Polk Schools accused of 'cafeteria classism' after fundraising letter

Letter: Kids can skip lunch line for $100
Posted at 6:59 PM, Aug 10, 2017
and last updated 2017-08-11 06:58:20-04

Parents are claiming classism in the cafeteria.

A letter, included with Lawton Chiles Middle Academy’s orientation packet, went home but Polk County Schools says it was a mistake.

The school fundraising for PTSA asks for donations, and with a certain amount would give children a pass to the front of the lunch line. A Lakeland father says, that’s not okay with him.

“You got those who can pay and those who cannot,” Christ Stephenson said.

Attending middle school is rough enough so when Stephenson saw the form in his 6th grader’s orientation packet, he went red.

“Hey my dad has more money than you I get to eat first you have to wait you have to wait,”  Stephenson speculated what the form would incite from young students.

Stephenson and other parents were outraged. Many reaching out to the principal of the academy, who says he didn’t even sign off on the paperwork.

“This definitely hits home for me and I am very upset about it,” Brian Andrews, the principal of Lawton Chiles Middle Academy said.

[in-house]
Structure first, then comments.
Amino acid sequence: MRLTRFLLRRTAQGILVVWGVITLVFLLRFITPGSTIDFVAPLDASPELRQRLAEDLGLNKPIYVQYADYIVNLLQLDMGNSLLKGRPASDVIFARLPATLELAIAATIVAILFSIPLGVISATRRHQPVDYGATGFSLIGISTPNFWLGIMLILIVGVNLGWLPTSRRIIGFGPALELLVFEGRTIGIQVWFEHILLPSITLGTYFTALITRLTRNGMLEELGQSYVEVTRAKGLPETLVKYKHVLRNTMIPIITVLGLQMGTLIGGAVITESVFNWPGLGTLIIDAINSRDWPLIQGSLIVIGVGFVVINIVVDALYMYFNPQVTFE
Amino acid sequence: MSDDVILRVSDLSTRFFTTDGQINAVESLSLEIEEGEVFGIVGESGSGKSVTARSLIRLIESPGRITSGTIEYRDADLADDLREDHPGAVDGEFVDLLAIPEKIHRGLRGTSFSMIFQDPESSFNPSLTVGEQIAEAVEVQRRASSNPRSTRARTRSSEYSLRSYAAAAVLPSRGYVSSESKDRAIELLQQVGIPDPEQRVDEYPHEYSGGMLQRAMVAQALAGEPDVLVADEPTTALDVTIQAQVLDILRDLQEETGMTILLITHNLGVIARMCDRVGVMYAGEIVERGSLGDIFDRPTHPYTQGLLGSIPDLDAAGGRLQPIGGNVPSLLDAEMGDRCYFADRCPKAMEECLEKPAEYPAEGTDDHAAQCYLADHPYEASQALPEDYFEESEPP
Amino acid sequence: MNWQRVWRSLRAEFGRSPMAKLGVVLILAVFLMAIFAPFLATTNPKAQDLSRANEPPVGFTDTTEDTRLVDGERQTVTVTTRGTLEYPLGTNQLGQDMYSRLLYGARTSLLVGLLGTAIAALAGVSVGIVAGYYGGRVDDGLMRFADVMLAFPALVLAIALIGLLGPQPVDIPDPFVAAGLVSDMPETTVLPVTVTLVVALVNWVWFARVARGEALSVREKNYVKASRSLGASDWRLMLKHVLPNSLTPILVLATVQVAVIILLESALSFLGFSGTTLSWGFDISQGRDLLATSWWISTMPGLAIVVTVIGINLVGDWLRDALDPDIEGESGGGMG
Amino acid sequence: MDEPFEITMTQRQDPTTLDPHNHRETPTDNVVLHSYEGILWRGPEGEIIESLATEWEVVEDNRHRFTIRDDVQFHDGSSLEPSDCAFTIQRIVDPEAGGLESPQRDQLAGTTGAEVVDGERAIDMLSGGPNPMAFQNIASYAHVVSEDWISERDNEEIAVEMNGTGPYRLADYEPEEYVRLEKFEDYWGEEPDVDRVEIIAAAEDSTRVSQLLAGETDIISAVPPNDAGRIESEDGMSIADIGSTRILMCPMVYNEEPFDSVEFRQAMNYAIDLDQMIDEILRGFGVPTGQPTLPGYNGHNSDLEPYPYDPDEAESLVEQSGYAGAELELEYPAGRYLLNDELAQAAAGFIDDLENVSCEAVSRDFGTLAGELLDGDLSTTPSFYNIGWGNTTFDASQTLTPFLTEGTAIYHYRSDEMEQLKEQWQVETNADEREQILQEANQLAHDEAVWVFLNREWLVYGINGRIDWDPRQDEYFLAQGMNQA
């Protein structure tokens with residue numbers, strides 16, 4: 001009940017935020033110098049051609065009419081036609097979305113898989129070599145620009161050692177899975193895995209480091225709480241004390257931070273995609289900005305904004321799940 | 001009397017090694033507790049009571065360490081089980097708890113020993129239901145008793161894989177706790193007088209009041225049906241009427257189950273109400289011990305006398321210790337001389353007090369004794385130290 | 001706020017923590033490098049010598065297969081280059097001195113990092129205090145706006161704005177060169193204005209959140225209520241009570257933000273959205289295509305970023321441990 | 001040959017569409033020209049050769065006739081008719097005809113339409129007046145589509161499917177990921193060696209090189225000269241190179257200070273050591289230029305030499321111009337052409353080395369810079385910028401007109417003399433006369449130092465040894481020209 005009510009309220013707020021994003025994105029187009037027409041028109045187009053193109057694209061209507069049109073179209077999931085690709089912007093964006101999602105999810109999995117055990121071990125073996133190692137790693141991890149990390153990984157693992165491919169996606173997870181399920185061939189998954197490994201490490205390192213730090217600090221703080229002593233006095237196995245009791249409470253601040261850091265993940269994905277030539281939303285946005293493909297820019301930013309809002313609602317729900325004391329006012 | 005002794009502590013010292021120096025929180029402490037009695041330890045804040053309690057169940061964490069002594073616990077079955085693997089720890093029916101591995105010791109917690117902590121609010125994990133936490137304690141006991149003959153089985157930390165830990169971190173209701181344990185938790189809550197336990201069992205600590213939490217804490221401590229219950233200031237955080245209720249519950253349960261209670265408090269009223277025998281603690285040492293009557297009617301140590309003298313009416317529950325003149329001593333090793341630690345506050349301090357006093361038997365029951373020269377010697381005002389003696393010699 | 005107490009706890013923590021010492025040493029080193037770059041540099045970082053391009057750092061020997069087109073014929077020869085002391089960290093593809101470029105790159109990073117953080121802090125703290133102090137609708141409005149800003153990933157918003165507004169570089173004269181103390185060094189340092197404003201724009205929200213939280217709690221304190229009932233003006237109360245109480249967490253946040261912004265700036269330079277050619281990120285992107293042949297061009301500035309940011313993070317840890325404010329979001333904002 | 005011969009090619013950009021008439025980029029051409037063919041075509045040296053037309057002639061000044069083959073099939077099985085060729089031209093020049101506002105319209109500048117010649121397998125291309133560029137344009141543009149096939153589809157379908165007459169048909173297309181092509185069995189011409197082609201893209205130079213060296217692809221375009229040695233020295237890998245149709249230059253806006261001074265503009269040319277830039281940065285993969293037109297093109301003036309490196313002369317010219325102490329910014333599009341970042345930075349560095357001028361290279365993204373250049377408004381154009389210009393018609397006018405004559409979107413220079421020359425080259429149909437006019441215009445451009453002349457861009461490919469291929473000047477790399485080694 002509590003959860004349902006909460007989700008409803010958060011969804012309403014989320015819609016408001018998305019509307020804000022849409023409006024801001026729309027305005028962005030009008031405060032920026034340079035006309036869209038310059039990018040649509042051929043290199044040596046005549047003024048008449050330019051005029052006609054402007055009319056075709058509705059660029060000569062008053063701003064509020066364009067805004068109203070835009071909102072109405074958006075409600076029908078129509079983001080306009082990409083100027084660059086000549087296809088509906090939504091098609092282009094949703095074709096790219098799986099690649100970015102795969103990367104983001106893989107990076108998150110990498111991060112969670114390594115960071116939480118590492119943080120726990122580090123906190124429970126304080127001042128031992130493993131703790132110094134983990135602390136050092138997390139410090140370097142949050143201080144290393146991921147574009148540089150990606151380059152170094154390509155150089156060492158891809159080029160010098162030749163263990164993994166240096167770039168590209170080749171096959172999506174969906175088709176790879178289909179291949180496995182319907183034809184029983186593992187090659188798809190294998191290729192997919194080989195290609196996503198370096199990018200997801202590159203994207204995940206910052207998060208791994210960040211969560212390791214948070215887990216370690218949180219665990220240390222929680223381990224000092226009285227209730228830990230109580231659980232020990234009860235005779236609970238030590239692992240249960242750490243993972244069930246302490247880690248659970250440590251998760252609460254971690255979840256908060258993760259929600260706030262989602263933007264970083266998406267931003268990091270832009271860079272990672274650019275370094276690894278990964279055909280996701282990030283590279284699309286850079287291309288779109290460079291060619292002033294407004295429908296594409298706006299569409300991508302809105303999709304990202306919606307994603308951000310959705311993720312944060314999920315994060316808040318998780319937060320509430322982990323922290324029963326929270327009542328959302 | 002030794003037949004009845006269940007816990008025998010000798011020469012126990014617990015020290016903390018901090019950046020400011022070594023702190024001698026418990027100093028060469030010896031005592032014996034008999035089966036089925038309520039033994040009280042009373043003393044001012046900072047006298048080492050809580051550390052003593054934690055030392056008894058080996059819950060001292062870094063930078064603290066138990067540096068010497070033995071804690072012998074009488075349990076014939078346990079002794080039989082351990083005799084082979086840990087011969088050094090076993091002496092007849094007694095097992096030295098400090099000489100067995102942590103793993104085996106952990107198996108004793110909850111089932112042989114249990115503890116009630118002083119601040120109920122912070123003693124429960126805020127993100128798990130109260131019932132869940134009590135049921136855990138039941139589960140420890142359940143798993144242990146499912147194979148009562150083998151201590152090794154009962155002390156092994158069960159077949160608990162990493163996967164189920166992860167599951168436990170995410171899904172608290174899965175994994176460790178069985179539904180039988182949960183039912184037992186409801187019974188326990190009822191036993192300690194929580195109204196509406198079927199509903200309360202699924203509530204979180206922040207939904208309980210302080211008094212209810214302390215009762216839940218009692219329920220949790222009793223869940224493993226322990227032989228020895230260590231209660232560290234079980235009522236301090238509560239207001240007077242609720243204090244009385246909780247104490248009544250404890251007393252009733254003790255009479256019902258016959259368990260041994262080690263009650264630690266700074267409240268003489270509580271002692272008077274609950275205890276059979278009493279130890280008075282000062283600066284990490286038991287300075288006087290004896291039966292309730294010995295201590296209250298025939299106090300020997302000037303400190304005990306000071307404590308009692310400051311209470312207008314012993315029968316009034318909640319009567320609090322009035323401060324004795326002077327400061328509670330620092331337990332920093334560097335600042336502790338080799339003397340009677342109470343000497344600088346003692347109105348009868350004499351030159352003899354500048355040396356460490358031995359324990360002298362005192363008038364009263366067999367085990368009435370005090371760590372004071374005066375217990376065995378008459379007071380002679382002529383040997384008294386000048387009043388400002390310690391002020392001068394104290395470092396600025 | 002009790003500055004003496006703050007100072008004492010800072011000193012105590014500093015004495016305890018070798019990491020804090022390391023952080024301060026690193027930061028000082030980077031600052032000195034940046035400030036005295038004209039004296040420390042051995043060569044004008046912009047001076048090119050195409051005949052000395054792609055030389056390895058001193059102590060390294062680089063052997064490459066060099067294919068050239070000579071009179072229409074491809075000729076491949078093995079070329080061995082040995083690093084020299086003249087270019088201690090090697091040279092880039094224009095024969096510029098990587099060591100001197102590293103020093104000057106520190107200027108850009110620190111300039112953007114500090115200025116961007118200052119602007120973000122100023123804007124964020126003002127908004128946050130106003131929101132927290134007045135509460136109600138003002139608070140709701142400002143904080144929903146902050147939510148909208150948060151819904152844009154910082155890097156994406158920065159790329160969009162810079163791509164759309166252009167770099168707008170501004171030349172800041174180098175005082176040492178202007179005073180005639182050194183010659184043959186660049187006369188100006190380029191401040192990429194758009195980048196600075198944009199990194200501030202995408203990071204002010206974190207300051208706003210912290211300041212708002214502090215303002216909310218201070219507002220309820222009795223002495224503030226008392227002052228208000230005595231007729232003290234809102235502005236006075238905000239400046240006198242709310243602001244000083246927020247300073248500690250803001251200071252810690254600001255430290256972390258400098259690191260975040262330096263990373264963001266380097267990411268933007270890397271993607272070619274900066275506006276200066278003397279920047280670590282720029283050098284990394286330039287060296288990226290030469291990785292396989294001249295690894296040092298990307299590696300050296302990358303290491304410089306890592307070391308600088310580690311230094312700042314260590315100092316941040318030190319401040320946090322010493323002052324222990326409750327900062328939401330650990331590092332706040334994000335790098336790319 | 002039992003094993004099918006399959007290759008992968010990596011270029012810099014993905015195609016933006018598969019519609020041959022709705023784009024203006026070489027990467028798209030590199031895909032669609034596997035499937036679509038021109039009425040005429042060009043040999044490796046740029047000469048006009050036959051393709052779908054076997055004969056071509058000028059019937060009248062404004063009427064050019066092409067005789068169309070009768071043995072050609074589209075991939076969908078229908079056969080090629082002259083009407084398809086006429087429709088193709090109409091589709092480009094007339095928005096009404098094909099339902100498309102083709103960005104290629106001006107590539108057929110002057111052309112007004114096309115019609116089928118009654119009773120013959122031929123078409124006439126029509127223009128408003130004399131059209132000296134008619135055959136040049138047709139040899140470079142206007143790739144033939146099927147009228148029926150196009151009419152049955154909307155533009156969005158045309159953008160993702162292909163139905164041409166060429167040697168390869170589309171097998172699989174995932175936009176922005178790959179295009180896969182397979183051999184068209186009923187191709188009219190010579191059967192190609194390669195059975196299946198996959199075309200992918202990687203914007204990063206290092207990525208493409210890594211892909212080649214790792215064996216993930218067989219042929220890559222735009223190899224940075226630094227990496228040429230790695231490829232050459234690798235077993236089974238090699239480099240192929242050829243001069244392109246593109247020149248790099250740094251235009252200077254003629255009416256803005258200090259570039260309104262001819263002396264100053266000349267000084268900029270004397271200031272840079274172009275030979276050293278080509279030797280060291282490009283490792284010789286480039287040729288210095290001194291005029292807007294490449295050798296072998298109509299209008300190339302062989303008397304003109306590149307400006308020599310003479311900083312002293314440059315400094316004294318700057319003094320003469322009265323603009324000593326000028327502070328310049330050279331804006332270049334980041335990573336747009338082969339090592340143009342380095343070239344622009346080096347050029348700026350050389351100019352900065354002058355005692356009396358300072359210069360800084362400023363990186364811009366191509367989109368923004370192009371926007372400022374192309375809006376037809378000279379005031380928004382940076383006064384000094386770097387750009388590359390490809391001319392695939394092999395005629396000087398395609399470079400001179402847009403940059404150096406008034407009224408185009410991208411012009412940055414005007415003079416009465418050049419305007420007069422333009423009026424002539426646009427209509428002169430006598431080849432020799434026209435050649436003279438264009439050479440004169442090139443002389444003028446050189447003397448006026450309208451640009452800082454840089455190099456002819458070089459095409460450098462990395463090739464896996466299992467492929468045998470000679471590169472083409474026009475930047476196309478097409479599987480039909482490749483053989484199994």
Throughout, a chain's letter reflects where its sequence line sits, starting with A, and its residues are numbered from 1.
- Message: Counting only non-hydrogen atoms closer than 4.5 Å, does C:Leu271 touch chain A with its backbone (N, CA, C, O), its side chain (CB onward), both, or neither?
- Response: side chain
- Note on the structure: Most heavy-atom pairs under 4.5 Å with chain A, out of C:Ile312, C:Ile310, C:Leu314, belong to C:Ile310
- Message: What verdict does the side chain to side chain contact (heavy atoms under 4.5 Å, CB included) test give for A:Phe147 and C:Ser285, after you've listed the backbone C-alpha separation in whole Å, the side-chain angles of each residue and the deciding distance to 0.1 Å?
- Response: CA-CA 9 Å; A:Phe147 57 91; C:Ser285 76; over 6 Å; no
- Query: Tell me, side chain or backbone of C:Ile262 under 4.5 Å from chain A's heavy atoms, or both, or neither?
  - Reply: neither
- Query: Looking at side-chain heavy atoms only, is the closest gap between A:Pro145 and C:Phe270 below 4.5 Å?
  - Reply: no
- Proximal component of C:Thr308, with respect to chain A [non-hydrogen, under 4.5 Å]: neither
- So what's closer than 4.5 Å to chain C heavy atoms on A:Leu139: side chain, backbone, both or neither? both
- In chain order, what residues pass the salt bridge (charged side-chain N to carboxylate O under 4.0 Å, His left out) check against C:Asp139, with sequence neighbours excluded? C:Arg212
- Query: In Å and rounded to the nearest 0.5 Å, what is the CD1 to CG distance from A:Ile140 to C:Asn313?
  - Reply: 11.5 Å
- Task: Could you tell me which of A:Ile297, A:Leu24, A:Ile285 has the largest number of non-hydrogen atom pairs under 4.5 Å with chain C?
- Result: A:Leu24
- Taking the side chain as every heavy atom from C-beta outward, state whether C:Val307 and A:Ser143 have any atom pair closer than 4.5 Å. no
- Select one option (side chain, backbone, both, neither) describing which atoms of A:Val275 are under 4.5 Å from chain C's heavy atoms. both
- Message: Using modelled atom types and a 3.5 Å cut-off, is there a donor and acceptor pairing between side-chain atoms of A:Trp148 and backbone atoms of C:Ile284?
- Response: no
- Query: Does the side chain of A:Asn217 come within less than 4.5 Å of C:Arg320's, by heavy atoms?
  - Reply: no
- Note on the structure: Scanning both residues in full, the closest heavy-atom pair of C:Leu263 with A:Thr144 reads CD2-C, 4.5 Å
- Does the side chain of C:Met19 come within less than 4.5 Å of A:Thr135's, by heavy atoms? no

Andrews has been with the middle school for four years and says since he’s arrived he has changed many things to always include all students.

“Nobody is a second-class citizen here and I would encourage anybody to speak to parents that have been here,” Andrews said.

 A statement from the PTSA explains to ABC Action News:

“We look to strive to look for new and innovative fundraising ideas to enhance the school experience for our students. We offer a variety of fundraising options for our students and families to choose from each year. This Family and Business Sponsorship program was explored but we decided not to implement. Due to a clerical error, the form was inadvertently included in the Orientation packets. Our families have been notified this program is not being offered. The intent of our PTSA is to always do the best for our students and families.

“Where were the checkpoints missed, who allowed and approved documents to be distributed to 300 some odd students without having read it? Stephenson questioned the school. 

The principal though, says he never saw the form and would have never included it in the packet.

“What we do behind these walls I truly believe we are for all kids and we will continue to do that,” Andrews said.